11 Incredible Books With Deeply Disappointing Endings
We all know the feeling: you make it through 300 pages of enthralling, creative fiction — only to the turn the very last page, and find yourself exclaiming, "That's it?!" Good books with disappointing endings are a very real danger. One could be hiding on your bookshelf right now.
It goes without saying that spoilers abound in this list. If you'd rather not know that the book you're currently holding has a terrible ending — and would prefer to crash headfirst into the terrible disappointment of a bad ending without my helpful red flags — well, proceed with caution. (Both through this list and through your perilous TBR pile.)
I'll admit, sometimes the disappointing ending is actually the best one. I won't lie: my emotional attachment to the characters can influence my judgment here. Ambiguous endings might be the most creative choice — but that doesn't make them any less disappointing when you've stayed up all night trying to read to the end.
And of course, sometimes a disappointing ending is just plain bad. Sometimes you get the feeling that it was late, the author was tired, and they just wanted to wrap it up and send it off to their editor so that they could go to bed. I'll let you choose which of the following 11 disappointing endings are which.
1'Little Women' by Louisa May Alcott
After we invested so much watching Laurie and Jo's relationship grow and blossom — Louisa May Alcott whipped the rug out from under our feet at the last minute, and married these two off to other people. Actually, Alcott herself was a pretty badass feminist, and didn't want Jo to have to marry anybody — which would have been a much better ending than the one her publishers insisted on: where Jo married the dull and terribly unsexy Professor Baer.
3'Alice's Adventures in Wonderland' by Lewis Carroll
Alice's adventures in Wonderland are some of the most creative and exciting adventures in fiction: she eats and drinks magical substances that affect her size; she argues with a hookah-smoking caterpillar; she plays croquet with a terrifying and blood-thirsty queen. And after all that, Lewis Carroll drops the most disappointing bombshell of all: it was all a dream.
5'My Sister's Keeper' by Jodi Picoult
OK, so I get that this ending is very clever and important and has an interesting message, but we've just spent the whole book becoming emotionally invested in the idea that Anna deserves the rights to her own body, and battling our consciences over whether or not she's doing the right thing — and then suddenly she reveals that she didn't care about fighting for her own body after all, and then she just dies. What?!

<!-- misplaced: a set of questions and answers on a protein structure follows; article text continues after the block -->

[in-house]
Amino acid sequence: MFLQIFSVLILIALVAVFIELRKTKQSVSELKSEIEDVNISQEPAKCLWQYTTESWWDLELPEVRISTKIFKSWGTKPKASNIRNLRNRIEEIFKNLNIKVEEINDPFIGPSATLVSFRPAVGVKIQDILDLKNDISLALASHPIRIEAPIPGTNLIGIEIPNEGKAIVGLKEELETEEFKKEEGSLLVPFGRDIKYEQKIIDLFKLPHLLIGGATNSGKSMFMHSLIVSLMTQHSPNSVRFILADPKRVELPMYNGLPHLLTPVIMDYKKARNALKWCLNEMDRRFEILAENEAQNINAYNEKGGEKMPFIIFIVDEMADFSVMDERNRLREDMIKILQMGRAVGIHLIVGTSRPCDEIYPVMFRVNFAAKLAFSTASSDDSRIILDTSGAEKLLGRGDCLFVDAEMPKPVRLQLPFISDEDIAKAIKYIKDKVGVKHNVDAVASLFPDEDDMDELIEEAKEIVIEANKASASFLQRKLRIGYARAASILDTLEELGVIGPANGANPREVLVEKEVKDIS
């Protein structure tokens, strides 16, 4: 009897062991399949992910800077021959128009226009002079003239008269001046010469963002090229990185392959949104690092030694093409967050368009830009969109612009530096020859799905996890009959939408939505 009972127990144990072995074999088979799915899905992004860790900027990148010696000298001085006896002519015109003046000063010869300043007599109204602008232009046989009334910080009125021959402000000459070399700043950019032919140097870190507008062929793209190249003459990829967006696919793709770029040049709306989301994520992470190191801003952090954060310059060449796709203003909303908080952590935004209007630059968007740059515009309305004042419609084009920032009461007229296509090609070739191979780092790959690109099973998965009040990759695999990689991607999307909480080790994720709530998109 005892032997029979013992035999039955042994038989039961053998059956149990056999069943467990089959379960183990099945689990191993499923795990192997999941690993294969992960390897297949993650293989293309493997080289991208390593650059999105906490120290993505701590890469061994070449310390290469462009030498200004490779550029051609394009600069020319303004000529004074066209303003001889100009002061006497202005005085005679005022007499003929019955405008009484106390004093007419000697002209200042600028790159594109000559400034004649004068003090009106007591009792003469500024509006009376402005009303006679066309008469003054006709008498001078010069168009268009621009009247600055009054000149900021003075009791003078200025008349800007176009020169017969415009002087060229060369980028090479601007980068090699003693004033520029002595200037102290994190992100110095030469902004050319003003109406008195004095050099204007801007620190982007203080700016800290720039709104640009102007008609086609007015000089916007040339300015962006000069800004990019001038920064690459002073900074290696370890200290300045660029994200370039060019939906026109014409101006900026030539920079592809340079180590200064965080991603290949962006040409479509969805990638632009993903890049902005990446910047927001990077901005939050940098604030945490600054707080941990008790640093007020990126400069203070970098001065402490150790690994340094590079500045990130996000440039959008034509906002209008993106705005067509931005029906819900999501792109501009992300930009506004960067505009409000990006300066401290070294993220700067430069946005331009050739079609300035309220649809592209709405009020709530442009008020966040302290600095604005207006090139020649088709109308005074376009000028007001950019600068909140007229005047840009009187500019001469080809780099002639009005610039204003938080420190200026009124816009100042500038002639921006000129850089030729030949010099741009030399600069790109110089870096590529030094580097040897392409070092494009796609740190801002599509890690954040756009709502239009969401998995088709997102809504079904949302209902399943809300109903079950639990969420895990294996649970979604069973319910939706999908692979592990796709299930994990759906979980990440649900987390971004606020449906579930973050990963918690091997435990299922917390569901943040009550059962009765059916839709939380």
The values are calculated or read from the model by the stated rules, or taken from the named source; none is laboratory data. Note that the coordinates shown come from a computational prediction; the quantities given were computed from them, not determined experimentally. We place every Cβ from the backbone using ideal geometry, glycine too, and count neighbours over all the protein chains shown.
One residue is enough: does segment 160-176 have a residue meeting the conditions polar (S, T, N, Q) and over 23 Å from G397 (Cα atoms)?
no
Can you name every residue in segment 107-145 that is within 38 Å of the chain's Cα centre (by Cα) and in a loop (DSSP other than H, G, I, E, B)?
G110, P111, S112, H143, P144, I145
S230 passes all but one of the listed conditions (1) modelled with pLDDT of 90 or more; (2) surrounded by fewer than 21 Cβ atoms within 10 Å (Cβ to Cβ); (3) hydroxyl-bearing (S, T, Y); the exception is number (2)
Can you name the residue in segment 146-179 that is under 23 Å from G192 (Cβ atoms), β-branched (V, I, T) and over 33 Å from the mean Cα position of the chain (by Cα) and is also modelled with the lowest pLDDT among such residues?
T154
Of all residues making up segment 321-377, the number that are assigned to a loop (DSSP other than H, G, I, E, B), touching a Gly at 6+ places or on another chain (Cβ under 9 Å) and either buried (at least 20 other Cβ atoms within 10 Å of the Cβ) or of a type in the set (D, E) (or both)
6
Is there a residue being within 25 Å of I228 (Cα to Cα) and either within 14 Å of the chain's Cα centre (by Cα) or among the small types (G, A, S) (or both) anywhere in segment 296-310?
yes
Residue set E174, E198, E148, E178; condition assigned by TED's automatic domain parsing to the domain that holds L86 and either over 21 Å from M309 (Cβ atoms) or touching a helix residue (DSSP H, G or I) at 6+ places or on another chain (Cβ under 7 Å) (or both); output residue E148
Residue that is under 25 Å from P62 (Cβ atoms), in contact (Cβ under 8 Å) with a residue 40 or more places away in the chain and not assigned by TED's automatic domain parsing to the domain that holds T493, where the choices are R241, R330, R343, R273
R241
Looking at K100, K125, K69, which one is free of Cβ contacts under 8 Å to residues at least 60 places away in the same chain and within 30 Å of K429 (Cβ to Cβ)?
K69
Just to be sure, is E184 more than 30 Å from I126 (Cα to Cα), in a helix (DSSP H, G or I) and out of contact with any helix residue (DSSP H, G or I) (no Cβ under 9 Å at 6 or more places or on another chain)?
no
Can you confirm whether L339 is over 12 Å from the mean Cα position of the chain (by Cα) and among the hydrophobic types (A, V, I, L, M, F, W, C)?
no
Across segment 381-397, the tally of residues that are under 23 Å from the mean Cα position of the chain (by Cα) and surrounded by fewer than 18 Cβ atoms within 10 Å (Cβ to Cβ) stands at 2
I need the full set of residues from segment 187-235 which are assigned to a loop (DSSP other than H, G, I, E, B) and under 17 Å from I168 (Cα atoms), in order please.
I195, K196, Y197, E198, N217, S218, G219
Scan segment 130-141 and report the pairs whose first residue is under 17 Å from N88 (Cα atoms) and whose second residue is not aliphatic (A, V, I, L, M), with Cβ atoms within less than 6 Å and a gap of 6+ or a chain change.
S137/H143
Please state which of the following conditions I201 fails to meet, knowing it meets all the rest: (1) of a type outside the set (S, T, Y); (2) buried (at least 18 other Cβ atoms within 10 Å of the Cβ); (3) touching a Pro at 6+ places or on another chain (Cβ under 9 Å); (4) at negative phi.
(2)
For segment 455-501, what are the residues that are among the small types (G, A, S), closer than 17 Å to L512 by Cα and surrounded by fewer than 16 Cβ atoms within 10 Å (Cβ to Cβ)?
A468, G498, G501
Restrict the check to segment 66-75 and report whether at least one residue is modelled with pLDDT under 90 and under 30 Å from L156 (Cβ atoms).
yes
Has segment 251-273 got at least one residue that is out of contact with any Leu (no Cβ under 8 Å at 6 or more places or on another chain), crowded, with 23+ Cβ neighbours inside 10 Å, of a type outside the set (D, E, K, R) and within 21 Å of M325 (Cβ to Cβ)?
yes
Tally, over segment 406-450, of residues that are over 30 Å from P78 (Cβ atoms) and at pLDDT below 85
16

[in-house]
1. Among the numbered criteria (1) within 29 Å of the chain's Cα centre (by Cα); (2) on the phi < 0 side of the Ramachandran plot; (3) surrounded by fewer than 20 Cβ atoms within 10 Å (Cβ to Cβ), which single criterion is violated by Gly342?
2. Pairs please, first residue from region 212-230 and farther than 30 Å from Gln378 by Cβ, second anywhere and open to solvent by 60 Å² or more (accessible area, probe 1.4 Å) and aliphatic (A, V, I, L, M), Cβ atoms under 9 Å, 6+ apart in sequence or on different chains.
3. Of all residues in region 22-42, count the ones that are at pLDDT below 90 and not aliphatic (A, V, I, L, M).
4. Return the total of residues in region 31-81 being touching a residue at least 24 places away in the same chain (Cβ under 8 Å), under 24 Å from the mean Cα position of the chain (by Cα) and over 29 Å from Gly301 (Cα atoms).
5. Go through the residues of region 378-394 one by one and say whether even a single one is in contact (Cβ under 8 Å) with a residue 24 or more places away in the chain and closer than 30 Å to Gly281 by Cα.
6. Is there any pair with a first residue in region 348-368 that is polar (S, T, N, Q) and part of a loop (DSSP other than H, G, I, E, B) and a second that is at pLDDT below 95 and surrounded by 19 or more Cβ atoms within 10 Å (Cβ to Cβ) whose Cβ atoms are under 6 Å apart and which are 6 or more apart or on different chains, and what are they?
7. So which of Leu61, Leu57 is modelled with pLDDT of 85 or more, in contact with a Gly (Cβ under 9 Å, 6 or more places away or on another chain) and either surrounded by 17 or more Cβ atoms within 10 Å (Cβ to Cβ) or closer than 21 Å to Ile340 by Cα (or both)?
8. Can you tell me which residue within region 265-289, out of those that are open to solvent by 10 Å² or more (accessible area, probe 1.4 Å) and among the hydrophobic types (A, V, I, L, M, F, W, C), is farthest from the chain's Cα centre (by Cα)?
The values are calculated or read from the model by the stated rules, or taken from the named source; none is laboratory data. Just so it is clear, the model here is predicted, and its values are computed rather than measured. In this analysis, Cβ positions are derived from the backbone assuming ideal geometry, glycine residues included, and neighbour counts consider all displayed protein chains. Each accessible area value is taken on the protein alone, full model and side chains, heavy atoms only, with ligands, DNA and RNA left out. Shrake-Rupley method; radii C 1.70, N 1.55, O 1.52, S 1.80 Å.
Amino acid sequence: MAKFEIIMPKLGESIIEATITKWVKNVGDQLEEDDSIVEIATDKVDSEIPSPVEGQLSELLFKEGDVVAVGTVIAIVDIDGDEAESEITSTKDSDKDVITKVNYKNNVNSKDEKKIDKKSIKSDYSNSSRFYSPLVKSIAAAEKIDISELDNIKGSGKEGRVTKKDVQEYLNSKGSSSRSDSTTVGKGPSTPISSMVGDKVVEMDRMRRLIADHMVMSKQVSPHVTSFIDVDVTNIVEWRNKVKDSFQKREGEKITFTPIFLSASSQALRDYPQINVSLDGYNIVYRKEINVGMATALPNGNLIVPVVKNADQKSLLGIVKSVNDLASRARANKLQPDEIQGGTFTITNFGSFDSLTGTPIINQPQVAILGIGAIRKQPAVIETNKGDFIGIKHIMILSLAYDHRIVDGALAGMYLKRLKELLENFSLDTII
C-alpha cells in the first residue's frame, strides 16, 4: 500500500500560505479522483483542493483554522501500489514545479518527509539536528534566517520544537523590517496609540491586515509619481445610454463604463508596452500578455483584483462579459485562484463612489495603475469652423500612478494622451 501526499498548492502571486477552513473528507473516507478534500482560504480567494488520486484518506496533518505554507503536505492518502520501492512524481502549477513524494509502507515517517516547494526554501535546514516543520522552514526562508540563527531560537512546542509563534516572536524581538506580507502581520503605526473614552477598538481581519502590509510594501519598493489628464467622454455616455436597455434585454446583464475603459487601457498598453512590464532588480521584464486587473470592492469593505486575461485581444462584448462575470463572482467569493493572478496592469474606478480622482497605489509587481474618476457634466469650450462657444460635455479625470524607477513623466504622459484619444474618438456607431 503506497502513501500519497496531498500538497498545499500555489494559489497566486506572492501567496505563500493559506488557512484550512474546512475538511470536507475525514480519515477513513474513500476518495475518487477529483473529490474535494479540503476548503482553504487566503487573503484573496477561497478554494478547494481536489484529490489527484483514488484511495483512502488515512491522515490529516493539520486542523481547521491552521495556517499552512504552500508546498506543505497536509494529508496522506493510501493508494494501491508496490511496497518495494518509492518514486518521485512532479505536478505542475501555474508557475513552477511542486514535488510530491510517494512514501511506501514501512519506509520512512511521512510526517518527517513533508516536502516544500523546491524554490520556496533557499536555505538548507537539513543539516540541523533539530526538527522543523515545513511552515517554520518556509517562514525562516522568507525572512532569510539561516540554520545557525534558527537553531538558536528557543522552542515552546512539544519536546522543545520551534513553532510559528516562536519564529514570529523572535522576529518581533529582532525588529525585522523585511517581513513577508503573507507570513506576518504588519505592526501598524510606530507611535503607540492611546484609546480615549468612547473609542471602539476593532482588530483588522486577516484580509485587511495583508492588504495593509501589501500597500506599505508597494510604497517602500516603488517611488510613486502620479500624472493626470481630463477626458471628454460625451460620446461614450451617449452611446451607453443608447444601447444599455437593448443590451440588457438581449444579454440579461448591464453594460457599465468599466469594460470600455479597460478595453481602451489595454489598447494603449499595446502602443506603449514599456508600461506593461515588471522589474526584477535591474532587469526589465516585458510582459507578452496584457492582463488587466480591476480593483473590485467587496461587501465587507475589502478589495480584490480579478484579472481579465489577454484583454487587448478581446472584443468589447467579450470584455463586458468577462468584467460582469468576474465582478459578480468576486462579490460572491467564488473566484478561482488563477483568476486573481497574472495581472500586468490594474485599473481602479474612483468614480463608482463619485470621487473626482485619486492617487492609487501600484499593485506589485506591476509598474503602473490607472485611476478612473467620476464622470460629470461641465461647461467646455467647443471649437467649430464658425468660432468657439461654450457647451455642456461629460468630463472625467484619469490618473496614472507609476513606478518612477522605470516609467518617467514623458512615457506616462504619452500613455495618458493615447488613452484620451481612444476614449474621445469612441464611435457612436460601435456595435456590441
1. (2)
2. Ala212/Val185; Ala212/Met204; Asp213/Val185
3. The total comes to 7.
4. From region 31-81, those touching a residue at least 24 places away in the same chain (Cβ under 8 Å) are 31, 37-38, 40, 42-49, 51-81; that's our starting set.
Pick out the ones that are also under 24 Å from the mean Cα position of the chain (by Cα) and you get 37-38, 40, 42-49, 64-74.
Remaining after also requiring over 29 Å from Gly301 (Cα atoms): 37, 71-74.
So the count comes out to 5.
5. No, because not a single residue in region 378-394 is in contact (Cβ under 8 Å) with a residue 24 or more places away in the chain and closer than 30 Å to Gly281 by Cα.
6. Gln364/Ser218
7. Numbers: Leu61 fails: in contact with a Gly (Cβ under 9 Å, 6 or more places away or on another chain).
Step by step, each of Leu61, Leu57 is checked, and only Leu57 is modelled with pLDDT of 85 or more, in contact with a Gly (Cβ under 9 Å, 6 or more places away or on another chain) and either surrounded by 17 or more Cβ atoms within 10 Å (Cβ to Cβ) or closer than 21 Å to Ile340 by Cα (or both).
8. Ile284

6'Atonement' by Ian McEwan
We know that when we're reading a fiction book, nothing in it really happened — but you don't usually expect the book itself to admit that. In Atonement, we make it almost to the end before the narrator admits that she's been making up all the happy parts, and that actually most of the characters died many years before.
7'Harry Potter and the Deathly Hallows' by J.K. Rowling
Look, I'm not saying writing a book is easy. I've just criticized the last few books for leaving sad or ambiguous endings — and now I'm about to criticize dear old J.K. for wrapping things up a little too neatly. But you have to admit, after seven years of exciting adventures, it was a little disappointing to hear that "all was well."
8'Road Ends' by Mary Lawson
Mary Lawson's ending to Road Ends is beautiful, but it's still super disappointing. Megan Cartwright, the sole daughter in a family of eight sons, has for years been responsible for holding her dysfunctional family together — until she finally escapes to England, determined to make a life of her own. Perhaps the title should have clued me in to the ending — but the moment when Megan realises that she has to return home to look after her family after all is beyond disappointing.
11'Adventures of Huckleberry Finn' by Mark Twain
This is probably the most disappointing book ending of all. Throughout The Adventures of Huckleberry Finn, we watch Huck overcome the racism of his society and learn to understand his companion Jim, the escaped slave, as a human. But right at the end, Huck meets up with his old friend Tom Sawyer — and the two of them lapse straight back into their old ways. Meanwhile, Jim is recaptured, and Huck and Tom treat it as a joke rather than expressing outrage at the racism of the situation. Jim is freed in the end, but it doesn't make up for the disappointment we felt that Huck never learned anything.